Movie review: Liam Neeson's 'The Commuter' fast, far-fetched, frantic

Fred Hawson

Posted at Jan 12 2018 11:15 AM | Updated as of Jan 12 2018 11:33 AM

Ever since the runaway box office success of the film "Taken" in 2008, Liam Neeson experienced a second wind in his career as an action star. 

"Taken" was followed by two sequels. He also had other hard-hitting films like "Non-Stop" and "A Walk Among the Tombstones," both released in 2014. And just when there was some talk a while back that he was going to retire from making action films given his age of 65, he is back again with a new one.

Michael McCauley is a 60-year old insurance salesman who was just laid off from his job. On his way home on the train (the same train he had been taking every day going to work for the past ten years), a mysterious woman named Joanna (Vera Farmiga) offered him $100,000. His mission was to use his skills as an ex-NYPD cop to seek out a specific passenger with a bag and put a GPS device on that person before he or she got off at the Cold Spring station. If McCauley failed at this task, his family will be killed. 

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With a synopsis like that, you can already imagine how tense and claustrophobic this action-thriller was going to be. The travel time from Grand Central Station in the heart of NYC to Cold Spring station (a distance of 85 km) on the Metro North Railroad via the Hudson line is about an hour and 20 minutes only in real life.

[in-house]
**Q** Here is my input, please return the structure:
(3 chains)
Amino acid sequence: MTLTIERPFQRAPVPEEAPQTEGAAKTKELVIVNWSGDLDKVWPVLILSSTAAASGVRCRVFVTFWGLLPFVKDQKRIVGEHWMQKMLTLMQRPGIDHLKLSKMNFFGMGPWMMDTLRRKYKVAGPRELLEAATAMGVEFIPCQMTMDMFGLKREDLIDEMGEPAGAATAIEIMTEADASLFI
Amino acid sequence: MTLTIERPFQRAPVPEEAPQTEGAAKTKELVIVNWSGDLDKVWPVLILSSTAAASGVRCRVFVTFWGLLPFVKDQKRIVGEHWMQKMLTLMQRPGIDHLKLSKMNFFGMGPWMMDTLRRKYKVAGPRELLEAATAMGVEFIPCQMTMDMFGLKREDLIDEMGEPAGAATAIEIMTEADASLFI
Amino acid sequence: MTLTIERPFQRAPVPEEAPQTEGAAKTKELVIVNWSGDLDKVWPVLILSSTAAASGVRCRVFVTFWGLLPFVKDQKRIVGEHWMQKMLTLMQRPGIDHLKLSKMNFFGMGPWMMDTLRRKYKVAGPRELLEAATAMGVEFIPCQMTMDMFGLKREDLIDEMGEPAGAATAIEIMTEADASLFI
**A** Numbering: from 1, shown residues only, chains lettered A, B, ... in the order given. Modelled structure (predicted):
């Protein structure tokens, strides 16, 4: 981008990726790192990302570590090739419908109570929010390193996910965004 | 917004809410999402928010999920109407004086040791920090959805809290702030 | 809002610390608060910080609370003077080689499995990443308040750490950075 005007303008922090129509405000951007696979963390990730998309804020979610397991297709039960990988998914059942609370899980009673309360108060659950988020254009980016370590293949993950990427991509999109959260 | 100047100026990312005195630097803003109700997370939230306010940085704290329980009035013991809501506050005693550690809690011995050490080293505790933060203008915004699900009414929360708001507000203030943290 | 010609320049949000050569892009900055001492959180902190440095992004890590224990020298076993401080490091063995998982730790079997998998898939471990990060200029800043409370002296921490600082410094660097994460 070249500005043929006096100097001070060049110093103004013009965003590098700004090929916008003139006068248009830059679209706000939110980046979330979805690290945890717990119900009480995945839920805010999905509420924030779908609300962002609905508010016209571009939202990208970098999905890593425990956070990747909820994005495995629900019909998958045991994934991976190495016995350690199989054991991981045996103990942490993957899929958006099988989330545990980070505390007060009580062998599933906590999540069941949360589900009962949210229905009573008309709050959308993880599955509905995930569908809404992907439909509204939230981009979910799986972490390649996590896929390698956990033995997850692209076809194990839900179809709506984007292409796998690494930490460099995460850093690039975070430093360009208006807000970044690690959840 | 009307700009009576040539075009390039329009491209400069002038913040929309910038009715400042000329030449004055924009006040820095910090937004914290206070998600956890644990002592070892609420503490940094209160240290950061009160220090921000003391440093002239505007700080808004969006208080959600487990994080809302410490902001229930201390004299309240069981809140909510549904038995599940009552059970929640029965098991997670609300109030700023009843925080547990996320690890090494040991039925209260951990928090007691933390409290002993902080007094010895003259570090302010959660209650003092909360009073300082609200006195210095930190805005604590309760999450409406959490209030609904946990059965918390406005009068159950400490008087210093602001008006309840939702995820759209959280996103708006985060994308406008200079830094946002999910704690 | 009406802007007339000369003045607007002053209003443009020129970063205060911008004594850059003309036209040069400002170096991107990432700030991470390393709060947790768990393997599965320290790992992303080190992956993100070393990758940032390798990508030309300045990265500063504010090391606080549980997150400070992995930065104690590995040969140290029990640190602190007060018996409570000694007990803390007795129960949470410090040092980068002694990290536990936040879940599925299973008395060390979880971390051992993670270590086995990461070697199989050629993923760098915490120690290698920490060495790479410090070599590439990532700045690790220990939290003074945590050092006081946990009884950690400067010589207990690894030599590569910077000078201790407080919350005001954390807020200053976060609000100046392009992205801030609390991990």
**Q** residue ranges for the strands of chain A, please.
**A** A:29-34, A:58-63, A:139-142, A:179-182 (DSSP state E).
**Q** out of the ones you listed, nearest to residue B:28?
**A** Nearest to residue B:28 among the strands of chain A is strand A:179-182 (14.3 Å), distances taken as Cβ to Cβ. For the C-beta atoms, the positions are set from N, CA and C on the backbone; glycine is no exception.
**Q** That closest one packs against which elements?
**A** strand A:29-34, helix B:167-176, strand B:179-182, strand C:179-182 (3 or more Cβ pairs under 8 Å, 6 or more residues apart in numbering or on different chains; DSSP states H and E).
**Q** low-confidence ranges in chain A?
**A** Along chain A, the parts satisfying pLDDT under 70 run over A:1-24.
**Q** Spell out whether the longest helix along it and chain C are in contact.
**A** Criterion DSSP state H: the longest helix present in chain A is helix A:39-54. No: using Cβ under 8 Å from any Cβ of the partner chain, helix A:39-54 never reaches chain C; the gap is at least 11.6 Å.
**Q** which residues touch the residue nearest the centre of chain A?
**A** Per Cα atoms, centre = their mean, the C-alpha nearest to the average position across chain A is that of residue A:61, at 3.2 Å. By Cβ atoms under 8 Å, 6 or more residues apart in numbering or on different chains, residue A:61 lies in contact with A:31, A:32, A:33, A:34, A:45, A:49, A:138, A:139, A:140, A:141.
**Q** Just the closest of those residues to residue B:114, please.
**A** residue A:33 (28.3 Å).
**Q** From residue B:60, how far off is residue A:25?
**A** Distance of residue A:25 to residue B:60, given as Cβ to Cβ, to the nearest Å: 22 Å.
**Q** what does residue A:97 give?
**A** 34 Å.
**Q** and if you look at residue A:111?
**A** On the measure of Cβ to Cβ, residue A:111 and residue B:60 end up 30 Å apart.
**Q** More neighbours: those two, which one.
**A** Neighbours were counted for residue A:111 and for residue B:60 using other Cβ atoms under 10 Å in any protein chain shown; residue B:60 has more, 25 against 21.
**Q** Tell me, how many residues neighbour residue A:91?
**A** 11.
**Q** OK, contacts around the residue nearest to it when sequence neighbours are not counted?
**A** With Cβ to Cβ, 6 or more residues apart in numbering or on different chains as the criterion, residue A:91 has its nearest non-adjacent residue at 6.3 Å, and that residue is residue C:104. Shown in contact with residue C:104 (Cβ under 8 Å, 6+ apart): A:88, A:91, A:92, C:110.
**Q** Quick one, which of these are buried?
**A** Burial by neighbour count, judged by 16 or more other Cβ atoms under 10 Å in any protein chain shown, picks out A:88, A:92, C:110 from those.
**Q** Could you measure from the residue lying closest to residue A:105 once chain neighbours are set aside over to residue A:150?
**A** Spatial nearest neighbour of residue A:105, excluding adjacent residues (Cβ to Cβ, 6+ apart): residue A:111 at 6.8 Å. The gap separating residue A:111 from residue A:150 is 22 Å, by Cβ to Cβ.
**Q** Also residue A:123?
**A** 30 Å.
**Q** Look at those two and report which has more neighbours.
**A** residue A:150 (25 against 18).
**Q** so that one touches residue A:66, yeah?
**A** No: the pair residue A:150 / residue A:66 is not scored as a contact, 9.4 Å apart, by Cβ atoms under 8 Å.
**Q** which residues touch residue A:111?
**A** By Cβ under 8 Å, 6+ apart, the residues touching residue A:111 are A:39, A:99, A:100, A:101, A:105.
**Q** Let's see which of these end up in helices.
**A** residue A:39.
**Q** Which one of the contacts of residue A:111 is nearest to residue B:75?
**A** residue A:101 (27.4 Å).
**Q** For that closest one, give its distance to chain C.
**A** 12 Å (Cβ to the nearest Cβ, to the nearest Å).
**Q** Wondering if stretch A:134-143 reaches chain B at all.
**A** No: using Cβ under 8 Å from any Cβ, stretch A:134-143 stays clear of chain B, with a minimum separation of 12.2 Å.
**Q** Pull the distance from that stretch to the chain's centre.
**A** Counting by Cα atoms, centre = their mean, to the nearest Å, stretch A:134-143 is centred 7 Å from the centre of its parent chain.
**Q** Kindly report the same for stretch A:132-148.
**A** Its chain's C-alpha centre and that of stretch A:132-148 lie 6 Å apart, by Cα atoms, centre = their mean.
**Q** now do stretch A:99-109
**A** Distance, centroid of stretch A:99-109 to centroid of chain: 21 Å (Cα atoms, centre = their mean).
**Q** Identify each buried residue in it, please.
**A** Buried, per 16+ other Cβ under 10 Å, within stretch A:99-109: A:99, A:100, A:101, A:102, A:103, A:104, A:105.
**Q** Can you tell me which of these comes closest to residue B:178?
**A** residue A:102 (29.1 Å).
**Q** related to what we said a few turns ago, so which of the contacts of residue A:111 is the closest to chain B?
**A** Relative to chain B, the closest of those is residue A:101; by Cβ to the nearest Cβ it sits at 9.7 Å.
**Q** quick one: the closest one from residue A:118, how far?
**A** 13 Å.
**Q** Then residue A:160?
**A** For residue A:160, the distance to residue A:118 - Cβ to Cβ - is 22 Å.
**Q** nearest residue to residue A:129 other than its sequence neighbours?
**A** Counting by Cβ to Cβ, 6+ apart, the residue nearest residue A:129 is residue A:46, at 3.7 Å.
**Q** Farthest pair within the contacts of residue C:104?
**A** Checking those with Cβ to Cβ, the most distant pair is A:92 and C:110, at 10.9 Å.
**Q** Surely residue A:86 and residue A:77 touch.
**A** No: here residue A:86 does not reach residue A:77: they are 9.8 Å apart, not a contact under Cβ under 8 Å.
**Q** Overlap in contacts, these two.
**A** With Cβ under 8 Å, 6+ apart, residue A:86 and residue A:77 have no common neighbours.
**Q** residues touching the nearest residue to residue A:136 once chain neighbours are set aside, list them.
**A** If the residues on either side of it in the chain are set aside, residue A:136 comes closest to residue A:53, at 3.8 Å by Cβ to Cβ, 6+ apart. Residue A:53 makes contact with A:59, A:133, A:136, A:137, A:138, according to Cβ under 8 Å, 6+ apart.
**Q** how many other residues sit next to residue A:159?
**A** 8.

I liked the opening montage showing the day-to-day domestic life of McCauley, his wife Karen (Elizabeth McGovern), and son Danny (Dean-Charles Chapman), and his daily train ride into the city. I thought this sequence so eloquently conveyed their routine with the passage of time and seasons. I liked that McCauley read the classic books Danny needed to read for school -- something I also do with my kids. Oftentimes, we pay no mind to the scenes with the opening credits, but this one certainly grabbed my attention from the start.

Despite the sheer impossibility of what was being asked of him, you know that Neeson will do whatever it takes to save his family. Of course, his trademark invincibility and other super-human abilities will come in pretty handy, like they conveniently did in his previous action flicks. Honestly, he had to look for a needle in a veritable haystack in this one. No one can do that crazy task given the nebulous clues, extreme time limits, and the hundreds of people on that train. 

But hey, he's Liam Neeson.

We suspend our disbelief as we go with the quick pacing of the action. No matter how contrived or corny the situations may be, we are sucked into the flow of the story, all the way to its slam-bang super-explosive climax. Tightly shot, bone-crunching fight scenes between McCauley and various suspects escalate the excitement along the way. 

Astute viewers may be able to guess how things are going to wind up at the end, but director Jaume Collet-Serra (who had directed Neeson twice before) knew exactly how to keep us hooked. 7/10

This review was originally published in the author's blog, "Fred Said."